Security agencies,acting on cues supplied by developed countries hostile to a Sino-Indian rapprochement, have thus far blocked major Chinese investment in India. The consequence has been that it is factories in China that produce the billions of dollars of items imported by India ( whose trade deficit with China crossed $47 billion last year). Had investment been permitted,much of such goods could have been manufactured by plants located in India that employ Indian workers and pay taxes in India. Such logic is,however,alien to the bureaucracy in India,which gets tethered to an idea (in this instance,that India cannot deal with the threat perceived in Chinese investment,and hence it is best to block such a flow of capital into the country) and thereafter refuses to even adapt it to at least partly take account of changing circumstances, much less abandon such out of date concepts completely.
Since the welcome given to President Xi Jinping and his charming spouse in Gandhinagar during the visit of China’s First Couple to India, there has developed a strong chemistry between the Head of State of the Peoples Republic of China and the Had of Government of the Republic of India. Both have achieved a familiarity with each other that enables them to be open about disagreements,but also to go the extra mile in taking advantage of the opportunities available for synergy between the two most populous countries on the globe. In a gesture of friendship,President Xi travelled to his hometown, Xian,to greet Prime Minister Modi and go with him to places such as an ancient temple built according to Indian traditions of two thousand years back. After that,a banquet hosted by Xi himself,with the two leaders spending hours together in an atmosphere warmer than that between any Chinese and Indian leaders since Rajiv Gandhi met Deng Xiaoping in 1988.
During that meeting,the Chinese leader offered a border settlement which preserved the status quo,with small concessions by China in the western sector and equally minor concessions by India in the east. However, Rajiv Gandhi’s political advisors warned that such a deal would lose him votes in the elections next year,a specious argument that a cautious Rajiv accepted. As it happened, Rajiv Gandhi lost the election anyway,while a border settlement with China may have boosted both his image within India as well as internationally. Will the trust between Xi and Modi prove sufficient to ensure a border settlement during their terms in office? If so,history will mark that as a significant achievement,certainly deserving of the Nobel Peace Prize.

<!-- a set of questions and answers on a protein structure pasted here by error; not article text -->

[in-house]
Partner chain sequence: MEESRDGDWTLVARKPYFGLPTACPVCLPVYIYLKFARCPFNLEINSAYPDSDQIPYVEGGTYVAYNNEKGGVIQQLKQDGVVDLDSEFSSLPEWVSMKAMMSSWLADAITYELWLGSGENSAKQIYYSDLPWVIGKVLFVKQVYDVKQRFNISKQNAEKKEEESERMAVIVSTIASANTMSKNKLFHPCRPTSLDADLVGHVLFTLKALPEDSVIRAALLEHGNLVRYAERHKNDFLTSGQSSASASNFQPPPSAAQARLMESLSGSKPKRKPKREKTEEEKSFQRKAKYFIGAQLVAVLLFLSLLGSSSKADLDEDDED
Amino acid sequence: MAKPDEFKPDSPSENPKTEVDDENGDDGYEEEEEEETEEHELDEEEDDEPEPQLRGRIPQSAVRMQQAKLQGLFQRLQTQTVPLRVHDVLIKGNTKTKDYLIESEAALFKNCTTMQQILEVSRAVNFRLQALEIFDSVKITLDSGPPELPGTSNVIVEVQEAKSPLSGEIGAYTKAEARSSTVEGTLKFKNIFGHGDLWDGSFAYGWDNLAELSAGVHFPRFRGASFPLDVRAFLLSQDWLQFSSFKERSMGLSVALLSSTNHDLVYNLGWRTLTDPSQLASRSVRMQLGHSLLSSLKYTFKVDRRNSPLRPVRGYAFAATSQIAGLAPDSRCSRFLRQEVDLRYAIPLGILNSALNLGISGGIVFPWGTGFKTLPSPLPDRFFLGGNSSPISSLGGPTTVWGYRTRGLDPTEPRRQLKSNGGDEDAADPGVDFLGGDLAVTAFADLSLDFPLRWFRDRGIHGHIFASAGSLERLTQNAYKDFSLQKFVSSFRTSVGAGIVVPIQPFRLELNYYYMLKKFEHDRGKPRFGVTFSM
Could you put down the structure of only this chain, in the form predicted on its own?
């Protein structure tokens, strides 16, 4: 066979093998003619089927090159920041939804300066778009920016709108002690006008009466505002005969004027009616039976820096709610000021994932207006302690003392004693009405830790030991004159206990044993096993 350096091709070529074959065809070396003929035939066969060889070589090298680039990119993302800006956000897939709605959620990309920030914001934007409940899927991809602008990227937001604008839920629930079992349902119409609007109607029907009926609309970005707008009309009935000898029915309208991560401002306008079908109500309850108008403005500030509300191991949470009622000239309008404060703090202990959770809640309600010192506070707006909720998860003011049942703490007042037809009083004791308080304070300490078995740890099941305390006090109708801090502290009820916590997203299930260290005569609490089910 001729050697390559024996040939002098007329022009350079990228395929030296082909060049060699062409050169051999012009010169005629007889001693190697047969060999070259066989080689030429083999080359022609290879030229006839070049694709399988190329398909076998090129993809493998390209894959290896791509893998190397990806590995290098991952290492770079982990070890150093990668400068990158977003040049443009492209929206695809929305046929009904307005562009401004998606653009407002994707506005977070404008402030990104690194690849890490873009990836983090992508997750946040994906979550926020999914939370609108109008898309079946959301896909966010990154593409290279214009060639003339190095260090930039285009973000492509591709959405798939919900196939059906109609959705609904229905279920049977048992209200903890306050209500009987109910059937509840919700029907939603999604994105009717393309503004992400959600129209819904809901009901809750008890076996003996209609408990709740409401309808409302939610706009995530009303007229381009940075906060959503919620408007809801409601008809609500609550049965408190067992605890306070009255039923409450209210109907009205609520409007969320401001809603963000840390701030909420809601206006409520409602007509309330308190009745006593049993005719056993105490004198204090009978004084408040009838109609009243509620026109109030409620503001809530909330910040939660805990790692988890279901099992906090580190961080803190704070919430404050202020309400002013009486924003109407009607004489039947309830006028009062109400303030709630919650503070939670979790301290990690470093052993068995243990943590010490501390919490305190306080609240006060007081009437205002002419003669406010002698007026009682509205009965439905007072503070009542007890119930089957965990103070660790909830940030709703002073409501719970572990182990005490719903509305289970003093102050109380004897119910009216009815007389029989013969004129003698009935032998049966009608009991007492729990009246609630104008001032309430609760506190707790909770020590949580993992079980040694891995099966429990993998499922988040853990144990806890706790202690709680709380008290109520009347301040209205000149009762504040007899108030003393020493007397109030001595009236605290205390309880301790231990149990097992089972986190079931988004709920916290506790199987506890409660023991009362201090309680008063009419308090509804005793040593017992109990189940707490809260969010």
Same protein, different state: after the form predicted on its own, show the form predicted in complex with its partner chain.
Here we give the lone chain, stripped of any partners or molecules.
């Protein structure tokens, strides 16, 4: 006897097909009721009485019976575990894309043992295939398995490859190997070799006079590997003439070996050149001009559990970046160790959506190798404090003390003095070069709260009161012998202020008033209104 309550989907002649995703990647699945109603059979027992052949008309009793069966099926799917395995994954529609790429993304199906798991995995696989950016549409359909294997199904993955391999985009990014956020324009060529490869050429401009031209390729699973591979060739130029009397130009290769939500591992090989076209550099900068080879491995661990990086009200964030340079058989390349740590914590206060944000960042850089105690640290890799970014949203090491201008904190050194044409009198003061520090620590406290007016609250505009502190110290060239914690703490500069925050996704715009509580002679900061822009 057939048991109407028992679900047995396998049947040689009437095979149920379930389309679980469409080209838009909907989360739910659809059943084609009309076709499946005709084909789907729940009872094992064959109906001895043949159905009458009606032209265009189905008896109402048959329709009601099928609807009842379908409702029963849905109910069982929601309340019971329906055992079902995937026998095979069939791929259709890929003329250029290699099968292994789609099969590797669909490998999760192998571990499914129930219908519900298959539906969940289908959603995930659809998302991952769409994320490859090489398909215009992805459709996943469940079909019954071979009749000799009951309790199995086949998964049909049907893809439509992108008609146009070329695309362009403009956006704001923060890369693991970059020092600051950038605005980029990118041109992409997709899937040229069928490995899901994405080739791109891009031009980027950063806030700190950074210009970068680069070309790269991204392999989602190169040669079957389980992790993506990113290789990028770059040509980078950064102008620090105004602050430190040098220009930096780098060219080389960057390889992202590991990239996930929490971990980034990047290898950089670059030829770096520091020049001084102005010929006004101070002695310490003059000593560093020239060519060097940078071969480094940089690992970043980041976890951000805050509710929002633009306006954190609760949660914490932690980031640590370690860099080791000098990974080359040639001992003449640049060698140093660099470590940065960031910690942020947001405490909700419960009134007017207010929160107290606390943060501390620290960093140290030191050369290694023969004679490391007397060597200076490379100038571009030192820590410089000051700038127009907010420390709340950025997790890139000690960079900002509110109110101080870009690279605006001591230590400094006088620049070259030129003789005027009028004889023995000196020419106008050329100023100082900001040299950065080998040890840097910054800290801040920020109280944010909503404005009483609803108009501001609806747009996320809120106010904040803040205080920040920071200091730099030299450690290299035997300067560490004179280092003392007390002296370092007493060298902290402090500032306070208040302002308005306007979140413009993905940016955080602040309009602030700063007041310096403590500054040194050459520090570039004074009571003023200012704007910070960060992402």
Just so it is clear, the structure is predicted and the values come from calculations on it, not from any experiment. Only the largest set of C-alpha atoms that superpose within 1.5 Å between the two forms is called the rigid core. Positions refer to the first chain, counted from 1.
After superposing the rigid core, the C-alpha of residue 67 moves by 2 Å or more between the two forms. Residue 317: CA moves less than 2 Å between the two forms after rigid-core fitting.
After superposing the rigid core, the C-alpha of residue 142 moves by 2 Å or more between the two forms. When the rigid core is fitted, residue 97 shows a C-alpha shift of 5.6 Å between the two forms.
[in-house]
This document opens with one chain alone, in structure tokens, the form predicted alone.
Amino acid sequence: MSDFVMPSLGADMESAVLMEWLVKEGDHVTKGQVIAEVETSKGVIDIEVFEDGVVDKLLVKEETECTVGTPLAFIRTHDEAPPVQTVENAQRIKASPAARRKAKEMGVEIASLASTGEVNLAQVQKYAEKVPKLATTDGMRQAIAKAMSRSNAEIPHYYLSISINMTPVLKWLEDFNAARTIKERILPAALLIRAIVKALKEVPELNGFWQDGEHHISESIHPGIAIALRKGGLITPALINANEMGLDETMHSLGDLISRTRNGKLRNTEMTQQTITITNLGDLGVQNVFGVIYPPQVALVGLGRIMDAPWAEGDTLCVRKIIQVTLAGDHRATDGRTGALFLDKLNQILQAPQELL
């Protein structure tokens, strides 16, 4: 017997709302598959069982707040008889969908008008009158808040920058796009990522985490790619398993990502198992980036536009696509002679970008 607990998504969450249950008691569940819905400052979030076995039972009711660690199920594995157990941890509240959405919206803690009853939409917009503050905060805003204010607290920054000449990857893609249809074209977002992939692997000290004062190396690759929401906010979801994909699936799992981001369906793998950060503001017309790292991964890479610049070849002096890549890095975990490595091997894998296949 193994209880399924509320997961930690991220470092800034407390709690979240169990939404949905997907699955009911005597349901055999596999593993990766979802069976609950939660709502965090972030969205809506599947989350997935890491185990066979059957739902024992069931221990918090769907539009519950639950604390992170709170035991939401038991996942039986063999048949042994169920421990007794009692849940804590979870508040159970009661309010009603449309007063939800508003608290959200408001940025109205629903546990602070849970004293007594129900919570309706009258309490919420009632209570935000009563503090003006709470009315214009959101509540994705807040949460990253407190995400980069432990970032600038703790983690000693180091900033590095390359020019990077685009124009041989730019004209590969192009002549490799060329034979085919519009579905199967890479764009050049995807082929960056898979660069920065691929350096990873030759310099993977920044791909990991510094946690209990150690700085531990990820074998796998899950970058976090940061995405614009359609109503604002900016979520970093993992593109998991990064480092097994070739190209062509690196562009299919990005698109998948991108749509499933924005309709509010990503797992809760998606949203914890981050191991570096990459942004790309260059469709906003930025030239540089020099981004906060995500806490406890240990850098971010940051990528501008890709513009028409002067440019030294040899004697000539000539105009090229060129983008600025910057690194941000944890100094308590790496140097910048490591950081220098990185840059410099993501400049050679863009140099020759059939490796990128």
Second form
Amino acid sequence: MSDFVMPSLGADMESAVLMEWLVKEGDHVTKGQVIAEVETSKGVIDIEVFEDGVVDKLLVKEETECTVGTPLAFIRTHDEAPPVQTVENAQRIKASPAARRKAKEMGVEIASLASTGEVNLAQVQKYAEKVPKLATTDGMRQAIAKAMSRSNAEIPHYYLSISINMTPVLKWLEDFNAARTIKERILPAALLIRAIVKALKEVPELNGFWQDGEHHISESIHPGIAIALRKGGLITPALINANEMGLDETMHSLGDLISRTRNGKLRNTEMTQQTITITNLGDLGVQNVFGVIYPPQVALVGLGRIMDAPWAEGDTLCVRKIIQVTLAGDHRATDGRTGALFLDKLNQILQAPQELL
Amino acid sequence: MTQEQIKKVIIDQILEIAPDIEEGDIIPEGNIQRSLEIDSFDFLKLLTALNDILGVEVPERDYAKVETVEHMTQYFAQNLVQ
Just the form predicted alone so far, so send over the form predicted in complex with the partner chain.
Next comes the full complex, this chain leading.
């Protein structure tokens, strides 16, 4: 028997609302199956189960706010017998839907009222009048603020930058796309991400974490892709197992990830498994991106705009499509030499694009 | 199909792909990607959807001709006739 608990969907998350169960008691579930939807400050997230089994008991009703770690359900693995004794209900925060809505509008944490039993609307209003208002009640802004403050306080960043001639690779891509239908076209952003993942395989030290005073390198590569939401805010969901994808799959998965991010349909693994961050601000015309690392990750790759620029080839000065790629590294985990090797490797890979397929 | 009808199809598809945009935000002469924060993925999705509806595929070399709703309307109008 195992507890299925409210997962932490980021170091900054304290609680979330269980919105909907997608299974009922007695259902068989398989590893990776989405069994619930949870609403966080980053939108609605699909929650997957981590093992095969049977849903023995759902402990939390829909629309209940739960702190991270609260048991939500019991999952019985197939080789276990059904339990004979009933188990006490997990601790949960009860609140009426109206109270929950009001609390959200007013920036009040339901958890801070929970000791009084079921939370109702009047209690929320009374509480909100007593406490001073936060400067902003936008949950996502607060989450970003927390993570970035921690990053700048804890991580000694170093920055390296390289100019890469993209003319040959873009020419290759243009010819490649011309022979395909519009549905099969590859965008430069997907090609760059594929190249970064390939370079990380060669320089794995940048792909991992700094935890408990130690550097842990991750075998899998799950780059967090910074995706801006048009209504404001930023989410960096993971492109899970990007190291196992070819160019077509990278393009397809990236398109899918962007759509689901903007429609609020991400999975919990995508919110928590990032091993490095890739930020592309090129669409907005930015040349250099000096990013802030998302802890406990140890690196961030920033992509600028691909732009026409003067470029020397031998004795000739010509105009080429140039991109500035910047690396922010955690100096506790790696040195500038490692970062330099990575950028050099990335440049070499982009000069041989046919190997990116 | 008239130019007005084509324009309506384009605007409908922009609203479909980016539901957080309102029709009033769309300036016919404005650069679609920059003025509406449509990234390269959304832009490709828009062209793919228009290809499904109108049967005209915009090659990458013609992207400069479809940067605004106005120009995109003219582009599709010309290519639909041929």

Friday, 15 May 2015
Sunday, 10 May 2015
Saturday, 9 May 2015
Friday, 8 May 2015
M D NalapatFriday, May 08, 2015 - Ariel Sharon, who in 1982 did immense damage to the security interests of his country and its people by assisting Maronite Christian thugs in Lebanon with logistics, weapons and intelligence while they were waging a war of extermination against large pools of Shia. Today, a like mistake is being committed by Prime Minister Binyamin Netanyahu, who regards Bashar Assad as a greater threat than Abubakr al Baghdadi and is consequently an ally of Saudi Arabia, Turkey and Qatar in their battle against Assad, a battle rooted in theology rather than politics. The four allies see an opportunity of using NATO to free Syria from the grip of the Assad family, the way Iraq was liberated from Saddam Hussein in 2003 and Libya from Muammar Kaddafy in 2011, the last two because they were in open opposition to the hereditary rulers of the Gulf Cooperation Council (GCC) states.
For Netanyahu and his allies in Riyadh, Ankara and Doha, the signing of a US-Iran nuclear deal would be a nightmare come true, for from then onwards, it will not be possible for them to play up the Iran threat in order to gain strategic concessions from a Washington made credulous by targeted funding and lobbying of thinktanks and other decision-evolving locations. While the US would gain immense leverage in the region, besides damping down the possibility that it could join Israel in being a country under attack by Shia terrorists, so would Iran, a factor that causes severe heartburn in Tel Aviv, Ankara, Riyadh and Doha. Small wonder that anti-Obama groups across the US are suddenly getting fresh oxygen in the form of donors, and that so-called “Obama-friendly” agencies within the Beltway have become critical of the President’s foreign policy in the post-Hillary Clinton phase, when in fact Obama has been able to frame and to push policies far better suited to the overall interests of his country now that lobbyist-loaded Clintonites are no longer driving the agenda of his administration the way they did in his first term.